The Koreans would have preferred the gold medal in the 2009 World Baseball Classic, but the silver version of the tournament's hardware will suffice for now. Being known as the second-best baseball country in the world, behind only two-time tournament champion Japan, is still quite an accomplishment. That's how Team Korea views its finish.
The fifth and final meeting vs. Japan in this year's tournament did not go Korea's way, as it fell to its rivals, 5-3, in extras on Monday in the World Baseball Classic championship game.
Korea left-hander Jung Keun Bong has been dominant against Japan in the 2009 Classic, and he will again get a chance to defeat Japan, but with much more on the line in the final on Monday at 9 p.m. ET at Dodger Stadium.
With the ability to hit for power, draw walks and throw out runners from right field, Team Korea's Shin-Soo Choo brings a little bit of everything to the table for his team. And He brings something else to his team that no one else can -- current Major League Baseball playing experience.
Korea led from the get-go and never looked back, easily beating Venezuela, 10-2, on Saturday to advance to Monday's Classic championship game at 9 p.m. ET.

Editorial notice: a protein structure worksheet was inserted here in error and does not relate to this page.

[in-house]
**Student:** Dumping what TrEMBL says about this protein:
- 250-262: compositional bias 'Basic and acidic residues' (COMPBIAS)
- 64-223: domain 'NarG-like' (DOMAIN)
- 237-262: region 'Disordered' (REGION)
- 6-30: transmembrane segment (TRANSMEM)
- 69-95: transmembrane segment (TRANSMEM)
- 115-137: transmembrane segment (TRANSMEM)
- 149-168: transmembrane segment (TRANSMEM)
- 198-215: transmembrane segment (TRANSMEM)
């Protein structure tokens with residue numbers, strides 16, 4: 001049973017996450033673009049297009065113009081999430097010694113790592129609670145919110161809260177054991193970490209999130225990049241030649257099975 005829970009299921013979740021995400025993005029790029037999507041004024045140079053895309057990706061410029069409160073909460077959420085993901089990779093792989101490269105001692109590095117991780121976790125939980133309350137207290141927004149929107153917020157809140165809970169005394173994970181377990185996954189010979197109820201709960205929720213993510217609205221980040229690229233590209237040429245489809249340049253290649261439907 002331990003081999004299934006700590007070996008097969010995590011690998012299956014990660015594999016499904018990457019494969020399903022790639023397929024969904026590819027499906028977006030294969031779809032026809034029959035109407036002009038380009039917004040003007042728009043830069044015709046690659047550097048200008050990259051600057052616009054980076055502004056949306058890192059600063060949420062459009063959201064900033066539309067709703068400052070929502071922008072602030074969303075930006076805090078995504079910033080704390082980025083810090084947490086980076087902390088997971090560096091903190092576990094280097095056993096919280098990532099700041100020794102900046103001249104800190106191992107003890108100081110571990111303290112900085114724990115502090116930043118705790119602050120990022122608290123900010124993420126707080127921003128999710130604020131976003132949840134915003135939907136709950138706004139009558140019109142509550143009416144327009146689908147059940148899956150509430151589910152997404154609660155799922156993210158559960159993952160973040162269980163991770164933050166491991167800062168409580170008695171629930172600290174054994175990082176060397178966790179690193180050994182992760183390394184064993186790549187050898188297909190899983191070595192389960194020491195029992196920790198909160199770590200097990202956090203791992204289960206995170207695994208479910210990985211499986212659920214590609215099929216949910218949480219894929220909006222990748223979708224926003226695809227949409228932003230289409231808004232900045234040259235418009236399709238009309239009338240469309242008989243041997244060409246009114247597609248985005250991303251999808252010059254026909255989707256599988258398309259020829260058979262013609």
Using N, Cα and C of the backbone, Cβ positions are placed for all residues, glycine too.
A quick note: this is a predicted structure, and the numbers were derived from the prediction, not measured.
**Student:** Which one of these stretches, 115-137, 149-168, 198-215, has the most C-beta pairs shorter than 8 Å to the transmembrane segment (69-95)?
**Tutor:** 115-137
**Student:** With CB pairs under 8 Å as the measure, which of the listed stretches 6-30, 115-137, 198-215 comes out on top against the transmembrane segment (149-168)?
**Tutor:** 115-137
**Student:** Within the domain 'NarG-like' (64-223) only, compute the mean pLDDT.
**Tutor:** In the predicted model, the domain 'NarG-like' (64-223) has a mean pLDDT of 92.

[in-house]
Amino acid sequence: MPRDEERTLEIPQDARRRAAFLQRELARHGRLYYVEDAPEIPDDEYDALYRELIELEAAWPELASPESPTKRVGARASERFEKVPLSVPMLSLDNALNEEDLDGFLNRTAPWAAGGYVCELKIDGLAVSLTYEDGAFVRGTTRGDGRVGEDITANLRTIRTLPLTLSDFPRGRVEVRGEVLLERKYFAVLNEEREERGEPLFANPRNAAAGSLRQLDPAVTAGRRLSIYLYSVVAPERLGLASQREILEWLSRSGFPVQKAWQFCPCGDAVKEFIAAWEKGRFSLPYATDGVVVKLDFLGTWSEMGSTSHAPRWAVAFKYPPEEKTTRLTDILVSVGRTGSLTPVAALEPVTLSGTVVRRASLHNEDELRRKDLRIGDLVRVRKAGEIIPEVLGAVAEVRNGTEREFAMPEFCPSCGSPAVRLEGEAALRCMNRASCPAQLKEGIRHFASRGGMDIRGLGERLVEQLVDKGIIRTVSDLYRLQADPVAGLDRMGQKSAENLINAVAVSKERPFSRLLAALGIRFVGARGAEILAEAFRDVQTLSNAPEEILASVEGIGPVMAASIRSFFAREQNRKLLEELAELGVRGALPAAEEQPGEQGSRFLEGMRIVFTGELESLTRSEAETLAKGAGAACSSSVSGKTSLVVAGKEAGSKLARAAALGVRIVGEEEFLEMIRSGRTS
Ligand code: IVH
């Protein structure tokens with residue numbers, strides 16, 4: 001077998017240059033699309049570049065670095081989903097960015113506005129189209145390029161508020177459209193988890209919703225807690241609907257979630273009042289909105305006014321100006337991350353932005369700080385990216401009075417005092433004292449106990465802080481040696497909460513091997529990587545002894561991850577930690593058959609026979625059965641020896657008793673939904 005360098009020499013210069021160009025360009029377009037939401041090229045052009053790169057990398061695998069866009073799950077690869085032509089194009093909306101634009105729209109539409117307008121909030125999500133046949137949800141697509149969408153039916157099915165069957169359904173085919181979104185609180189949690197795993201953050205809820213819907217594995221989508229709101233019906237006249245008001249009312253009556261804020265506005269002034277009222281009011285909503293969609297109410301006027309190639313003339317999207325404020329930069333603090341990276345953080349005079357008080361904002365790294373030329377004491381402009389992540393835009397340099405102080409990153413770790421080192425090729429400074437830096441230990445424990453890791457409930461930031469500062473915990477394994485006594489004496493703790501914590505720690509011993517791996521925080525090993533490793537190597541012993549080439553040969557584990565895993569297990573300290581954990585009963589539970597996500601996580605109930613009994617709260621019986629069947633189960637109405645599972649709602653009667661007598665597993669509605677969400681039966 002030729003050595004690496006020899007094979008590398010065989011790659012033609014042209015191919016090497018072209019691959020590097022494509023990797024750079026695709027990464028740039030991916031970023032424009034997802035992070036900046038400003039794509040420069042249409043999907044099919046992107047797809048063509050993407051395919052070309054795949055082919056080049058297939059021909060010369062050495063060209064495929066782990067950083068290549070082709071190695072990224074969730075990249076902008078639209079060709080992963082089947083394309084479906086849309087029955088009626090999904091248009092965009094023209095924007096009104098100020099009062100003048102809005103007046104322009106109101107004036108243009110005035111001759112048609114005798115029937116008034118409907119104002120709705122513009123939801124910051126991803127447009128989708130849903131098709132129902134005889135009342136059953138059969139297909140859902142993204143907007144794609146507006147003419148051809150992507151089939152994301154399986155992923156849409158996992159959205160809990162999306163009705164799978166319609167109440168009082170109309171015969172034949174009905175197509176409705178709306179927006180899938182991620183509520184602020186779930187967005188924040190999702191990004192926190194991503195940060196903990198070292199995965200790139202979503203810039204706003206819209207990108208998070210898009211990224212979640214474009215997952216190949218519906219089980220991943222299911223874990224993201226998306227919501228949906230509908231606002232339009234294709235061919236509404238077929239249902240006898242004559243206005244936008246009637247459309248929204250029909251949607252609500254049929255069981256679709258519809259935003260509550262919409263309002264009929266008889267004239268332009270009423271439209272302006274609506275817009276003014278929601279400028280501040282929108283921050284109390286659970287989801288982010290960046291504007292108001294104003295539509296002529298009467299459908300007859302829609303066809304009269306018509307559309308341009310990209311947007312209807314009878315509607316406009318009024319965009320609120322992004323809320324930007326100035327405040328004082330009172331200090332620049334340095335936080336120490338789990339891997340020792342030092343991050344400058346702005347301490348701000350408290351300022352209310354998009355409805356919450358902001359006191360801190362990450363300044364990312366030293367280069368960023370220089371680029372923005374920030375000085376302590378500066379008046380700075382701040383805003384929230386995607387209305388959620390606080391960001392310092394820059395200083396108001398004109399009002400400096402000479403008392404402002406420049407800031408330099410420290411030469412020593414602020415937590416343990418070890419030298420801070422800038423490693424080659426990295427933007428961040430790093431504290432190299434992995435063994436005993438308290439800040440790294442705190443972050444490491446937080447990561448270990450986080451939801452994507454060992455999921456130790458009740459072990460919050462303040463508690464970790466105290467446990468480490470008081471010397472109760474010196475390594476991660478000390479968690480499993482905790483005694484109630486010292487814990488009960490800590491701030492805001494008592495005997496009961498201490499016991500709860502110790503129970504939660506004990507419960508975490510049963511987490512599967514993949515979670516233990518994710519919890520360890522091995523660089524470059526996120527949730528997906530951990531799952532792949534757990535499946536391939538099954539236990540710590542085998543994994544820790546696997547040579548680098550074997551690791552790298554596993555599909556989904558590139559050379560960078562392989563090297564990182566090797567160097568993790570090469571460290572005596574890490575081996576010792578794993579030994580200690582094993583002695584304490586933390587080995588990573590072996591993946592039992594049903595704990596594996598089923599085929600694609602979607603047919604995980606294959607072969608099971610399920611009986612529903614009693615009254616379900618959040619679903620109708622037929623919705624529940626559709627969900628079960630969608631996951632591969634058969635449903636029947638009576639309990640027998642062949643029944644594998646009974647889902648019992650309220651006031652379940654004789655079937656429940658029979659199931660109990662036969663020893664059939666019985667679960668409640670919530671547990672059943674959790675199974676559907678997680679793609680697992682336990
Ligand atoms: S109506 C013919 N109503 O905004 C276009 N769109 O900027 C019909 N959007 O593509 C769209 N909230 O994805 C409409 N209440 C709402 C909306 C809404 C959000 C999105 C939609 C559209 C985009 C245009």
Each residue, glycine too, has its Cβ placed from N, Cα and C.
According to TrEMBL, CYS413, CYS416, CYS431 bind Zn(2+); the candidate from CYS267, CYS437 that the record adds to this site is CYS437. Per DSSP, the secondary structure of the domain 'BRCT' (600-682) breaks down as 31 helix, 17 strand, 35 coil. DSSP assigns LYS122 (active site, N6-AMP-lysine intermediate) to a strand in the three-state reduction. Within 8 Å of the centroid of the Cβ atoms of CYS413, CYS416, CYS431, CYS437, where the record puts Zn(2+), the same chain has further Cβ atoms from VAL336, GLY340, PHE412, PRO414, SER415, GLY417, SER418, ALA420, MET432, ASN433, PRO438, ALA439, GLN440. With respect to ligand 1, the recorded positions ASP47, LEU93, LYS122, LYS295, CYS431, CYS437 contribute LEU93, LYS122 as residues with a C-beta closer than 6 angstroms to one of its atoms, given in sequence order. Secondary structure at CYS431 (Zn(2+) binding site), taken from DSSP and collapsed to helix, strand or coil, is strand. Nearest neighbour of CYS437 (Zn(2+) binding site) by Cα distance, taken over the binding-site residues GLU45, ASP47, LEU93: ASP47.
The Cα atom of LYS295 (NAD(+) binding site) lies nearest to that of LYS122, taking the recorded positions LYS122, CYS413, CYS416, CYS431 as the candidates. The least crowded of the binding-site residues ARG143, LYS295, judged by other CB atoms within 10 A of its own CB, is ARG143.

Commissioner Bud Selig said Saturday night that the World Baseball Classic will be back in 2013 and is here to stay as a March fixture.
Despite winning the gold medal in Beijing and finishing with the best record in the 2006 World Baseball Classic, Korea was hardly considered a favorite for the 2009 Classic. But Korea is 5-2 in the 2009 Classic and finds itself just two wins from winning the title.
If familiarity breeds contempt, then unfamiliarity must breed respect. And that's certainly true for the Korean baseball team, which is largely unfamiliar with its Venezuelan counterpart because it has never faced the South American team's roster, which features 21 Major Leaguers.